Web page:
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May Capitol Hill Staffers Sell Their Personal Items?

I apologize if this is a simple question, but I only just recently became a House staffer, and I am still learning all of the rules that now apply to me. My question concerns two Super Bowl tickets that I won in a raffle. Rather than attend the game, I have placed an online ad to sell the tickets. I have received lots of good offers, but yesterday a die-hard Arizona Cardinals fan blew the other offers out of the water. I started e-mailing with him right away, and I was all ready to sell him the tickets when I noticed that his e-mail address domain name belongs to a major lobbying firm. I looked him up and, sure enough, he is registered as a lobbyist. Because the Member I work for is new to the House, I have no idea whether the lobbyist or his firm has any plans to lobby me or my Member. But something still doesn’t feel quite right. Is it OK to sell him the tickets?

[IMGCAP(1)]A: No need to apologize for simple questions. They are my favorite kind. Unfortunately, this is not one. In fact, you must have good instincts because you have identified a real ethical quandary where even Hill veterans might not recognize one: sale of personal items.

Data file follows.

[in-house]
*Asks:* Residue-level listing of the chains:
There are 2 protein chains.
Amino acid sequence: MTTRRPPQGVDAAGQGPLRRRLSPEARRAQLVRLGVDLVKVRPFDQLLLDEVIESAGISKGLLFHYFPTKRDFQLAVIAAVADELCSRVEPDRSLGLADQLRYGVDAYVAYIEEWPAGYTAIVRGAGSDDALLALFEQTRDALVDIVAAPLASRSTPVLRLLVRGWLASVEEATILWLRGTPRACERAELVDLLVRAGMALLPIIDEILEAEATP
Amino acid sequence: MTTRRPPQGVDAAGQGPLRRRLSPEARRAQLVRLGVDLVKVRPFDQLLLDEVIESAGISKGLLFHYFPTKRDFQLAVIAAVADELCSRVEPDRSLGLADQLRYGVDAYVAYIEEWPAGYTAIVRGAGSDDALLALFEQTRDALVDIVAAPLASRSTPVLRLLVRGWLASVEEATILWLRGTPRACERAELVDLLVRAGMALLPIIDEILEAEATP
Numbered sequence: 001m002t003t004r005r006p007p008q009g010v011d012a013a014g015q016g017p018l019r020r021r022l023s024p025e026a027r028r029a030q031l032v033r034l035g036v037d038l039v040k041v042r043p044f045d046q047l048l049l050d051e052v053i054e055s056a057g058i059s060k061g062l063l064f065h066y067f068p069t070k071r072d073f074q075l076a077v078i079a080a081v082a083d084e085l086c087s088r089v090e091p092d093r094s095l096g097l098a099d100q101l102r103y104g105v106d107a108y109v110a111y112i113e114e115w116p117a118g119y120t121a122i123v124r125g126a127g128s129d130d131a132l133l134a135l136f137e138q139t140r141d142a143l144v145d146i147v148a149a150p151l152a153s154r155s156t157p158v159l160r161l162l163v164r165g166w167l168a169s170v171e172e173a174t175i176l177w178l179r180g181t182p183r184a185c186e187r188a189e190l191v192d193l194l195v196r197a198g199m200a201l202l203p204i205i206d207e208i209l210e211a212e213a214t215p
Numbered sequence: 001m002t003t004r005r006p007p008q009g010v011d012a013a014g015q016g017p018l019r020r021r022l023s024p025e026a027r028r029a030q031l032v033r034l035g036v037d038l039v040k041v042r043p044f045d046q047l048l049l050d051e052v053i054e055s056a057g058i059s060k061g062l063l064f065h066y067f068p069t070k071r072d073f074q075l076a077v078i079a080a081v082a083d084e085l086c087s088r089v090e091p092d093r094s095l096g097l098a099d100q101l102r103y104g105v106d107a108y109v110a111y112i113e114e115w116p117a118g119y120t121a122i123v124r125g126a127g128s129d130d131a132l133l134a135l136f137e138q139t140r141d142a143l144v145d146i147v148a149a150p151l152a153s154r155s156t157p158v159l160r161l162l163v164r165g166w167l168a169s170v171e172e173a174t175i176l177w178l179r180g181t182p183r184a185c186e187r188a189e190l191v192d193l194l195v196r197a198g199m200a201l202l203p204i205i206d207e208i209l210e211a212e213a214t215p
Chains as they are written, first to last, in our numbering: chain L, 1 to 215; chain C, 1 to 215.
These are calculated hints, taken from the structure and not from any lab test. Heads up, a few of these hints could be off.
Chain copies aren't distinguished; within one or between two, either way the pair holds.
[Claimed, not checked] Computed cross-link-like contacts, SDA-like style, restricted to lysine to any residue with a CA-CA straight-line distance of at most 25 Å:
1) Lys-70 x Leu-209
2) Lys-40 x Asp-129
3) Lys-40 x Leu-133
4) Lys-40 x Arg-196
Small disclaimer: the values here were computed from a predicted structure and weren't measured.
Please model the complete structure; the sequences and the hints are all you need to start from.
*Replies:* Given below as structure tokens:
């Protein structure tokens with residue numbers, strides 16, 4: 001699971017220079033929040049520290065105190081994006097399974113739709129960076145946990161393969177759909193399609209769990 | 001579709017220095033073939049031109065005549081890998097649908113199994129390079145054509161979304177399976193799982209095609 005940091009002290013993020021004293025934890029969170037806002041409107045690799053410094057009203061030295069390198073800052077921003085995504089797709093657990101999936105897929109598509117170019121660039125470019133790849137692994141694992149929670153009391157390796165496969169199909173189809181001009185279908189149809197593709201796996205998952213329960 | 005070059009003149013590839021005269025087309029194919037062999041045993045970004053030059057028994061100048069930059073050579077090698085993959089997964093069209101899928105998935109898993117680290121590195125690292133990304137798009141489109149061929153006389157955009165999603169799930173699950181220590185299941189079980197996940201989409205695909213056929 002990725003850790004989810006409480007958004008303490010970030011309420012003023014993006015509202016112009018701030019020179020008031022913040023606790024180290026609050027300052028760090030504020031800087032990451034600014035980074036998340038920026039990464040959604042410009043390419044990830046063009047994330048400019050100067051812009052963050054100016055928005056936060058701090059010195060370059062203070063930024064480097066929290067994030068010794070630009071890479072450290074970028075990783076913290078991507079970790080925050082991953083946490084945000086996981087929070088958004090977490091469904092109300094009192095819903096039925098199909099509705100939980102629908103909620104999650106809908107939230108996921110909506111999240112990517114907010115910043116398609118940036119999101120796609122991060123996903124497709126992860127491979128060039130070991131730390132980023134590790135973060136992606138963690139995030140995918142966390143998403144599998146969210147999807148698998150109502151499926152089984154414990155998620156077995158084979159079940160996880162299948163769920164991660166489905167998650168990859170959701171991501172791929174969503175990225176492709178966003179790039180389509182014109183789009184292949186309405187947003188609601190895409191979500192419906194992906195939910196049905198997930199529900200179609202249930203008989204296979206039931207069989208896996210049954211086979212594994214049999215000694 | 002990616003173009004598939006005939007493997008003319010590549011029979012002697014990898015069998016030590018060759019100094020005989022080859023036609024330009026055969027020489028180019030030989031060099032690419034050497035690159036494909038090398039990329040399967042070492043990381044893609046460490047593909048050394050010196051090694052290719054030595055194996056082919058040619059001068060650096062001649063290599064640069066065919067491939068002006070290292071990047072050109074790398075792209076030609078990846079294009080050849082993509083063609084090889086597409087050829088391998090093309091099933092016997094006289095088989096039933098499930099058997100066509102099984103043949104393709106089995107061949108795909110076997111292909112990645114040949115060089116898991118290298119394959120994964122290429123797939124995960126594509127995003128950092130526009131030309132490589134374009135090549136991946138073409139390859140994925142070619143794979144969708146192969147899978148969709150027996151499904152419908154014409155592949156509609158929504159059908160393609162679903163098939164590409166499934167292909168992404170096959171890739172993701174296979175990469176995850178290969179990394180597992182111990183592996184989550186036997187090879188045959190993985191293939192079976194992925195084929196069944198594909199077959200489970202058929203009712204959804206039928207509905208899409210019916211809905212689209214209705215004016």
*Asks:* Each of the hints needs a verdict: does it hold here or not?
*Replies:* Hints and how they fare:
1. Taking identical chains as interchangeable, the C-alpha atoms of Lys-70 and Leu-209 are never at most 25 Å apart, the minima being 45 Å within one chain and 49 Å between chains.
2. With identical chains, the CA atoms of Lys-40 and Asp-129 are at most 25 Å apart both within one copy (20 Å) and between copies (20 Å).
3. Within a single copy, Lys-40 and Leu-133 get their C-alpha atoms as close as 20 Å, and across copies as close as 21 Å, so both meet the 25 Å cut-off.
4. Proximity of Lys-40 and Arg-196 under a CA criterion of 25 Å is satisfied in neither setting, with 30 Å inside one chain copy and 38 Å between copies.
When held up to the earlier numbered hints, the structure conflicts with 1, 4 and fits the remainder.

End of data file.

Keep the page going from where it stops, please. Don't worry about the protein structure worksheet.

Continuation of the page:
You’re new to the House, so let’s start at the beginning: the House gift rule. This is a rule with which you will need to become very familiar. Embodied in clause 5 of House Rule 25, the gift rule establishes restrictions upon the gifts you may receive while you are a staffer. Broadly, you may not accept any gift from anyone at any time, unless an exception applies. “Gift” is defined as “a gratuity, favor, discount, entertainment, hospitality, loan, forbearance, or other item having monetary value.”

Just on its face, this is an extremely broad prohibition. It would appear to cover nearly everything, even including items or money received in purchases and sales. After all, when the guy at the deli hands you your sandwich for lunch, you are accepting an “item having monetary value.” Yet, that can’t be a gift rule violation.

This is where the exceptions come in. The exceptions try to limit the extent to which the gift rule inhibits Members and staffers from carrying on their everyday lives. They cover things like gifts from relatives, gifts based on personal friendship, and prizes — such as the tickets you won. The exception that applies to typical purchases and sales allows you to accept anything for which you pay the “market value.”

So, there is no need for staffers who are new to the House to cancel their yard sales or close their eBay accounts. However, House ethics guidance regarding the “market value” exception does suggest that, when making sales, staffers should be wary of exceedingly generous offers. In particular, they should be on the lookout for offers that are so generous that the House Committee on Standards of Official Conduct — or federal prosecutors — might consider the offers to qualify as “gifts.”